Chimera’s challenges are daunting. My guess is that only with a noticeably improved show and a major thrust on the front end does it have a fighting chance of generating the word of mouth necessary to fill up the seats and turn the critical corner...

That said, Judkins may already have toured beyond the point of a solvent return. Personally, I feel very sad at this point. His original idea seemed sound, but to Cirque, you almost have to cirque all the way, even on limited funds. And then, you may still be pitching your good modern intentions to simply the wrong crowd.

John Ringling North II presents?

[Thanks to Don Covington for sending along a copy of the press release]


henry edgar said...

i frankly wonder why nobody seems to use american performers. it might be possible that the public is a little tired of seeing nothing but oriental and hispanic performers. at one time, shows had a better mix of performers. of course, at one time, there were occasionally shows with more than two families, or if they had one big family providing the backbone, it was a group like the cristianis who did more than straps, juggling, silks, hula hoops and an occasional wheel.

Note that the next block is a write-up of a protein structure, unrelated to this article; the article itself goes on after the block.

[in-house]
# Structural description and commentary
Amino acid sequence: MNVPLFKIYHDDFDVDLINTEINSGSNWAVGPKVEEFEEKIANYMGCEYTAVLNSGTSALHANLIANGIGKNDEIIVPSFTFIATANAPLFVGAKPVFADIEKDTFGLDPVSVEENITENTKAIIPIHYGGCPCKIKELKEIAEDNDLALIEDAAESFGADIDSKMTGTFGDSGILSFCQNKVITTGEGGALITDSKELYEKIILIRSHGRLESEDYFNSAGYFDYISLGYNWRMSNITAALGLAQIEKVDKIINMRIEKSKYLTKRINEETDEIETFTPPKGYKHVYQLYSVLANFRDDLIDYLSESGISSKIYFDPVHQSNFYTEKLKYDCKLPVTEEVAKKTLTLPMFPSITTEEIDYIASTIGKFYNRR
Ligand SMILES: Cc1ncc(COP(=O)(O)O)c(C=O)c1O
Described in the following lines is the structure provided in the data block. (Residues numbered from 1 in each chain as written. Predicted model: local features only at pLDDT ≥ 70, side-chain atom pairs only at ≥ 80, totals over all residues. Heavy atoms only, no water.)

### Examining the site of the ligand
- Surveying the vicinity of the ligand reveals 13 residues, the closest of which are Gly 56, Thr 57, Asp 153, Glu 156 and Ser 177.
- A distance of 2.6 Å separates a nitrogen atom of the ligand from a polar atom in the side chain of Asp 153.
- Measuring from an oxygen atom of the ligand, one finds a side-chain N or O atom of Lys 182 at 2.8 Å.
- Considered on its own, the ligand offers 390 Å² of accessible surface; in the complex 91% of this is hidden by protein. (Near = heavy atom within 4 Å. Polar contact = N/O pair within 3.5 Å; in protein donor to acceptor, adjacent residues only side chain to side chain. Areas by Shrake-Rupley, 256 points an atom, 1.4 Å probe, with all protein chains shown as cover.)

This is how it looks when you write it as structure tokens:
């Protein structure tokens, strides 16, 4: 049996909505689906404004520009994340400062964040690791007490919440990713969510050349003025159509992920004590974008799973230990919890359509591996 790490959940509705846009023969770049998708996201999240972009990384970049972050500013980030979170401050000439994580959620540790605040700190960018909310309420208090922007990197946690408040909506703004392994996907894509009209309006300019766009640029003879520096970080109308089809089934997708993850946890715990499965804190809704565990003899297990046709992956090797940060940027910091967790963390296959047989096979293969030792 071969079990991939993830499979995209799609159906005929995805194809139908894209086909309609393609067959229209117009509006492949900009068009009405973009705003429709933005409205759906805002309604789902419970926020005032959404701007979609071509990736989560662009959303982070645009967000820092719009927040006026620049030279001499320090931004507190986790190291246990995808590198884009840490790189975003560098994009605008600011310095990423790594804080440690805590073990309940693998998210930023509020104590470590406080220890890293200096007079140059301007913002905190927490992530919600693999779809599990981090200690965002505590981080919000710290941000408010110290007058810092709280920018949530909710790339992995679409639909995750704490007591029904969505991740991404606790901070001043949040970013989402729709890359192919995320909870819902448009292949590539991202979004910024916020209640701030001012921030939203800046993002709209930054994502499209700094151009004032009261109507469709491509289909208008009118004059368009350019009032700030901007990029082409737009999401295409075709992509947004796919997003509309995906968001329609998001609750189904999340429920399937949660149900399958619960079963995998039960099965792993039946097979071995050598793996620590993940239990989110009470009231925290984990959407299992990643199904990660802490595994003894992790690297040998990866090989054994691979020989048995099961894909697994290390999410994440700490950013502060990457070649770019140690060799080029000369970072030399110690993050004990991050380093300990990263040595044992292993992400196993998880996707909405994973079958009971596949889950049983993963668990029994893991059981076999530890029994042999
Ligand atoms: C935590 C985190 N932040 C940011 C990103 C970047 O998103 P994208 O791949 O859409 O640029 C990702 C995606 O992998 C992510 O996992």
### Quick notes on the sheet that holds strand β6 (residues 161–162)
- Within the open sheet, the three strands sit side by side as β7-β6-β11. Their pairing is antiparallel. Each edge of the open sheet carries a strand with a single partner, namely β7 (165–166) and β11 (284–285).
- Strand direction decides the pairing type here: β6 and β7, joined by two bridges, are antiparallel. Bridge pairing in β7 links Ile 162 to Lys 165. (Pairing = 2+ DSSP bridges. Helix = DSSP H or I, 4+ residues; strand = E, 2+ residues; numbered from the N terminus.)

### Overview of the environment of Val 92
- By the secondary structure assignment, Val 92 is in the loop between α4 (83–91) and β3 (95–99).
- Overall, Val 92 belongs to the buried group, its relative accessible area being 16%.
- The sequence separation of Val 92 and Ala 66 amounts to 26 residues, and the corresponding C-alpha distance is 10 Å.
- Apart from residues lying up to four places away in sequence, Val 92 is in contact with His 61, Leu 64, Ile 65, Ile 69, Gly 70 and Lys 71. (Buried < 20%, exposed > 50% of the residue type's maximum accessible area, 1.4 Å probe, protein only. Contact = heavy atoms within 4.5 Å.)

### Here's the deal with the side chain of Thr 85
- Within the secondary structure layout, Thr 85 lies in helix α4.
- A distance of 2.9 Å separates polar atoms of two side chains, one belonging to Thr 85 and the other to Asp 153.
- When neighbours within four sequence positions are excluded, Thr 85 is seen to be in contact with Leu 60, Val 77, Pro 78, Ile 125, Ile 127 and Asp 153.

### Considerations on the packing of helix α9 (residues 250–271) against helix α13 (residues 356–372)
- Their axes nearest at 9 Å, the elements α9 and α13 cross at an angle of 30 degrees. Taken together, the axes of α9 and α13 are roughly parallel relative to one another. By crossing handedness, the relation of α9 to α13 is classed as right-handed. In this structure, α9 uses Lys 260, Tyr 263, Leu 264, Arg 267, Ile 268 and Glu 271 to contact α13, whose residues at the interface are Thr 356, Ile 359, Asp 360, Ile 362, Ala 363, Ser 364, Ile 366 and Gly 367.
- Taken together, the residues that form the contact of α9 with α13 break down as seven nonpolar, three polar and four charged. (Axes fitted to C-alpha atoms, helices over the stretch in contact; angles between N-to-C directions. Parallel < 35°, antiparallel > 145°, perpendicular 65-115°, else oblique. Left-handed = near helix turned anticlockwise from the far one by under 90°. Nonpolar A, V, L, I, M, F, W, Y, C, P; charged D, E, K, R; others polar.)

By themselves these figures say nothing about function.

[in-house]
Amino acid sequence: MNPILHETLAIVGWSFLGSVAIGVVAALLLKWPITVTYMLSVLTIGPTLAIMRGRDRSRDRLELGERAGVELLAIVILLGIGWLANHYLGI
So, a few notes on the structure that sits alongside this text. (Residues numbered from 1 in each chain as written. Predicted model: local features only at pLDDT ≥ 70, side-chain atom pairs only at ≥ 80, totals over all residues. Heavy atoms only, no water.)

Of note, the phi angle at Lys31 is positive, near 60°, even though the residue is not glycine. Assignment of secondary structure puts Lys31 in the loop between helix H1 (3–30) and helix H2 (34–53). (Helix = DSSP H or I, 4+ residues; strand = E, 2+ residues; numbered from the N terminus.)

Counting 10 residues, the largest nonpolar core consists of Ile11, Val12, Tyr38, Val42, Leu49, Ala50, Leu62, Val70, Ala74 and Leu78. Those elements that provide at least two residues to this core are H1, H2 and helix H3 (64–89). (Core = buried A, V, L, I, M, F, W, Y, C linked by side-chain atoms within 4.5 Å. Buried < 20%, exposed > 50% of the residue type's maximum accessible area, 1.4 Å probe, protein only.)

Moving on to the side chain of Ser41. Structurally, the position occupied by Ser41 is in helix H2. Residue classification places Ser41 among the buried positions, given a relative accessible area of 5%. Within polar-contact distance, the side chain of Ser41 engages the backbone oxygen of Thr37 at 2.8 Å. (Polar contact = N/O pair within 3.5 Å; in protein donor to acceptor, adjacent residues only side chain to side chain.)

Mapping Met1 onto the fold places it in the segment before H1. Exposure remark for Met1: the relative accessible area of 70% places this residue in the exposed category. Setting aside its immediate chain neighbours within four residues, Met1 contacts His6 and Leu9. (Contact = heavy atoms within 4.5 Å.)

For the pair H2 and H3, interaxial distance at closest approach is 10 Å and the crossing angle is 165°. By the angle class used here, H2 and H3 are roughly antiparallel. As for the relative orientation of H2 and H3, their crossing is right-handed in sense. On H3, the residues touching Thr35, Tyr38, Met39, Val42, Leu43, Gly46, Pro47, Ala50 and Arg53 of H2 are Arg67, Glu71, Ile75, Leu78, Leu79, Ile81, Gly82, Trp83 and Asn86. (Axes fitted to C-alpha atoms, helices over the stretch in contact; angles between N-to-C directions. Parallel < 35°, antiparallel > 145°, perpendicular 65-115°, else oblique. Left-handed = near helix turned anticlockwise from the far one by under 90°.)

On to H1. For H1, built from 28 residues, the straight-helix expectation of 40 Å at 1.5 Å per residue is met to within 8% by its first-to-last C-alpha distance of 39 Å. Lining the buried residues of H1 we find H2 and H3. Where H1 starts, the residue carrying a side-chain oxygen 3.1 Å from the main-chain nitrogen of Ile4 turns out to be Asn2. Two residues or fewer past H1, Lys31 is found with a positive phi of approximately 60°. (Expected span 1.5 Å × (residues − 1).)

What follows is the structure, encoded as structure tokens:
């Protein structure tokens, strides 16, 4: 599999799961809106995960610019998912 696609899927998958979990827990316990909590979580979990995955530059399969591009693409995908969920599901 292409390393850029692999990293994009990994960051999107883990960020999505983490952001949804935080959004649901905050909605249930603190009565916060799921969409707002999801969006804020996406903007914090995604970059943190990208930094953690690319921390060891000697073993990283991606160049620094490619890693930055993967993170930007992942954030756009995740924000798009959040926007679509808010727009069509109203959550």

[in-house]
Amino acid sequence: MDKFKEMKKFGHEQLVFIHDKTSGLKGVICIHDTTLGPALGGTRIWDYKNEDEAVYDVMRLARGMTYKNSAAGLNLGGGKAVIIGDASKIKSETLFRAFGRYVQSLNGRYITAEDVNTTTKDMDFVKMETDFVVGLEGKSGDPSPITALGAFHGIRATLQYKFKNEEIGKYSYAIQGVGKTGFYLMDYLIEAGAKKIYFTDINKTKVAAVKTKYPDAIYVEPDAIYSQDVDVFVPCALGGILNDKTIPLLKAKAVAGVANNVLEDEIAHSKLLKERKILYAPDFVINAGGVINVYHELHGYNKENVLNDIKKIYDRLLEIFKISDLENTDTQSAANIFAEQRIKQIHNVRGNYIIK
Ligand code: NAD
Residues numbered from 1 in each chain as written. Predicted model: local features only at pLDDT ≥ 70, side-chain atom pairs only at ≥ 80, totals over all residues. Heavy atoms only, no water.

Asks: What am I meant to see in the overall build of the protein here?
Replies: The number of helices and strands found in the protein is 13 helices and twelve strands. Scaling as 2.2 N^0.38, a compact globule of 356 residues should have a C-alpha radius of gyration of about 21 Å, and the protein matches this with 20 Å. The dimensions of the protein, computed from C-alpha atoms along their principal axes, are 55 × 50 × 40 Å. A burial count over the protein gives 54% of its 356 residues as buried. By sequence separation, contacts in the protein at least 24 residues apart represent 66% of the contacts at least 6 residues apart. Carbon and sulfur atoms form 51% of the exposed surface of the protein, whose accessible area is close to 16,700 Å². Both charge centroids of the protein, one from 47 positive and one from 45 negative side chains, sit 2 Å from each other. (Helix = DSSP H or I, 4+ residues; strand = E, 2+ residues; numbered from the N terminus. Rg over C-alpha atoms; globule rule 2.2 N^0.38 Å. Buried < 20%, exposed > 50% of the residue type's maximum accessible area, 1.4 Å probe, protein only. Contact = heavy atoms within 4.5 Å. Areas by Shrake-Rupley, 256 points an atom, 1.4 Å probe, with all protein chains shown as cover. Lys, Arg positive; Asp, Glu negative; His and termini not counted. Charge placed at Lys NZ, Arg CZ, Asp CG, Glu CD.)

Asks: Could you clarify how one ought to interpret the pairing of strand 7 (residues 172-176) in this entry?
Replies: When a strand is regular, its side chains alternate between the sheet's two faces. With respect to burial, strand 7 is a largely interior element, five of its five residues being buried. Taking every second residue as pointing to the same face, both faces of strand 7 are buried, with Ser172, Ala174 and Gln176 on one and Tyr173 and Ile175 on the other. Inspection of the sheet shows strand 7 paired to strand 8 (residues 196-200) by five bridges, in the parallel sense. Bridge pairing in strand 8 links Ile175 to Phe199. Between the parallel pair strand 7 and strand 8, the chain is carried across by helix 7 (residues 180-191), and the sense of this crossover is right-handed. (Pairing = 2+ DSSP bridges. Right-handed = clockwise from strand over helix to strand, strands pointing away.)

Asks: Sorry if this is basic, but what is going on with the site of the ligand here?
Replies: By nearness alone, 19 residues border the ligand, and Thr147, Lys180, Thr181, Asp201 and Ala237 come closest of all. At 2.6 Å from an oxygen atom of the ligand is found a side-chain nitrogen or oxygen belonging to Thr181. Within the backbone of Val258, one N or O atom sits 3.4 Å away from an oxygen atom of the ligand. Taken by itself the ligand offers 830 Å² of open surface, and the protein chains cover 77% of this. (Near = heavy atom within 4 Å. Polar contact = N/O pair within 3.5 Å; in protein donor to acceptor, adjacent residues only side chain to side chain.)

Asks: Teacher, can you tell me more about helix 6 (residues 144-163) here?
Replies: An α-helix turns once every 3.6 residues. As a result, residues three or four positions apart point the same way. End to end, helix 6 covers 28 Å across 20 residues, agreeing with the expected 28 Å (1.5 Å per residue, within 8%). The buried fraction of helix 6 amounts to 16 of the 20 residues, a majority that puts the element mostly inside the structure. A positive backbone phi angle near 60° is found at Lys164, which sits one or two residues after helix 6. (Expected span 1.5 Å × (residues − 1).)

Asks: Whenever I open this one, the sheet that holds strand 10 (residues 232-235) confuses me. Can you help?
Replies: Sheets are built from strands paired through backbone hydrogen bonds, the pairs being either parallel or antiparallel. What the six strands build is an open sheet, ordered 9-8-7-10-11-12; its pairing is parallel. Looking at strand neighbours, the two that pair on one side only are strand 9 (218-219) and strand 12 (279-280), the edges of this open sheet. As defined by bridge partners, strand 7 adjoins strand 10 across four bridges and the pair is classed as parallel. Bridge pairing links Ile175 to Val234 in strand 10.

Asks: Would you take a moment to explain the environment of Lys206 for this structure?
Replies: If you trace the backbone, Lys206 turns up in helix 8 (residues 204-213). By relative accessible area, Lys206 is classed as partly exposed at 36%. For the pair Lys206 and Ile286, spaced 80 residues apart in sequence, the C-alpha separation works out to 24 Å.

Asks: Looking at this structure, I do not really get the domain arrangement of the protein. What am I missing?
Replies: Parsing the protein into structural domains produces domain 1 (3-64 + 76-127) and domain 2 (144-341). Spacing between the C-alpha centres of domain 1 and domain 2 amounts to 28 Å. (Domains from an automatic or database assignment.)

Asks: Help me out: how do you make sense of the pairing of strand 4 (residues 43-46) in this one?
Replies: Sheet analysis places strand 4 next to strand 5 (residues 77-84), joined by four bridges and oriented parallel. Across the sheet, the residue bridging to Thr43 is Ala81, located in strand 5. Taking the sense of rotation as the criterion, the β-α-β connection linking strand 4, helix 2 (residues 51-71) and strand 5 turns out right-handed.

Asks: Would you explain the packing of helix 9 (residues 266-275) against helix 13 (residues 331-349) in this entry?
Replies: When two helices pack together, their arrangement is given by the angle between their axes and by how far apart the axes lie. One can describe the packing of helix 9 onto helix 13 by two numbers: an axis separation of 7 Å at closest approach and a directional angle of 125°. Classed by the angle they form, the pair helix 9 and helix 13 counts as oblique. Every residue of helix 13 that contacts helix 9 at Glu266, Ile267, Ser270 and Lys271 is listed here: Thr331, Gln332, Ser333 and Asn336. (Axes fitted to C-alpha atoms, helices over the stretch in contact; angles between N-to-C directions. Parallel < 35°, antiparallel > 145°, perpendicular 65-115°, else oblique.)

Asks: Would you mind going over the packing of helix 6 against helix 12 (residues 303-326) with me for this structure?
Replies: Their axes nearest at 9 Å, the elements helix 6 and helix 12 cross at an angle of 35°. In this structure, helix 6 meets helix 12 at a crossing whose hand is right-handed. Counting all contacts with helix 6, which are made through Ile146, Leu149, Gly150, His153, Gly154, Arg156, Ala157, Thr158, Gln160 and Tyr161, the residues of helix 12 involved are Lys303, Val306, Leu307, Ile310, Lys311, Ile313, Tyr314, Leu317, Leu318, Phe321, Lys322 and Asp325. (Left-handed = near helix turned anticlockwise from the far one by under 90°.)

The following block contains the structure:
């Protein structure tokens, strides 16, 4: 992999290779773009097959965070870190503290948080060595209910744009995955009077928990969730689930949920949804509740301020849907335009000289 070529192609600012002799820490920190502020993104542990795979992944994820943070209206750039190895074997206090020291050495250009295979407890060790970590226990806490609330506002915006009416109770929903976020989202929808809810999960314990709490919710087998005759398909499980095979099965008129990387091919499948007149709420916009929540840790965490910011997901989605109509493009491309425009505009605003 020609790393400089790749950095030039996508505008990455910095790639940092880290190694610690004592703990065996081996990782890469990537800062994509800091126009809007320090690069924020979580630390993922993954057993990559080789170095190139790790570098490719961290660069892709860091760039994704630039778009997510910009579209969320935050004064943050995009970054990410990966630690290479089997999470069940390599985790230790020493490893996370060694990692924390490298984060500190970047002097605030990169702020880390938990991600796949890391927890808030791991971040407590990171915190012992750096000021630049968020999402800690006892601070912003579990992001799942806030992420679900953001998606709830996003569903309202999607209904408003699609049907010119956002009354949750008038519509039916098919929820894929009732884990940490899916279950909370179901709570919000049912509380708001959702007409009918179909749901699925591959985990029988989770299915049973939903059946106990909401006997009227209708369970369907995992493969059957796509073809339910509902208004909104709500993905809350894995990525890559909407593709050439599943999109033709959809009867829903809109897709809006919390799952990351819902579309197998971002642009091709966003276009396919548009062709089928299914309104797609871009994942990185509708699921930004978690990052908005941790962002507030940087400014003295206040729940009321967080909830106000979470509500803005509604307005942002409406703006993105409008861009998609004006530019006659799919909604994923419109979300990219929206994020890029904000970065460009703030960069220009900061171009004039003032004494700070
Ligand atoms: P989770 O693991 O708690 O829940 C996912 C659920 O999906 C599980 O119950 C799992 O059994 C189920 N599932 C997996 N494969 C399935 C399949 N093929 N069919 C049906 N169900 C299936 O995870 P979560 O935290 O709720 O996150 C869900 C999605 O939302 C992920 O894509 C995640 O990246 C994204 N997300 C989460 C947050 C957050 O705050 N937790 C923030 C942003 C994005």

Anonymous said...

Sometimes the haunting question has to be, what is the audience for circus in 2007? Sixty years ago, maybe you could say "almost everybody." Forty five years ago, it was the baby boomers and their parents, as reflected by the number of small three-ringers touring in the 1960's and early 1970's. Today the audience is throughly splintered. There's an audience for Circo, but it's markedly different than the audience for Cirque. For a small show playing small towns either under a tent or in school gyms, certainly it's still children under 10 who slip in with free tix while their parents (the hostages) grin and bear it. (Hard to determine if these shows are making any money.) For Universoul it's an urban audience. For Feld it's Ringling Consumers, since most Ringling Consumers don't see any other shows. Chimera appears to have had a difficult time finding it's audience, but they aren't alone. There's no real danger that circus is going to go away anytime soon. But unless the mid-sized shows better define what they are, and who they are playing to, and where that audience lives -- there is a very real possibility that large parts of country won't see much "honest" circus, the shows that don't surprise you at the ticket booth, or disappoint you inside the bigtop, the shows where circus itself is still as important as the "brand."

Showbiz David said...

How neat to see probing and thoughtful comments like these! We live in a very perplexing era, but with every show that comes along, we are forced to consider, just what IS circus. And I think that's healthy.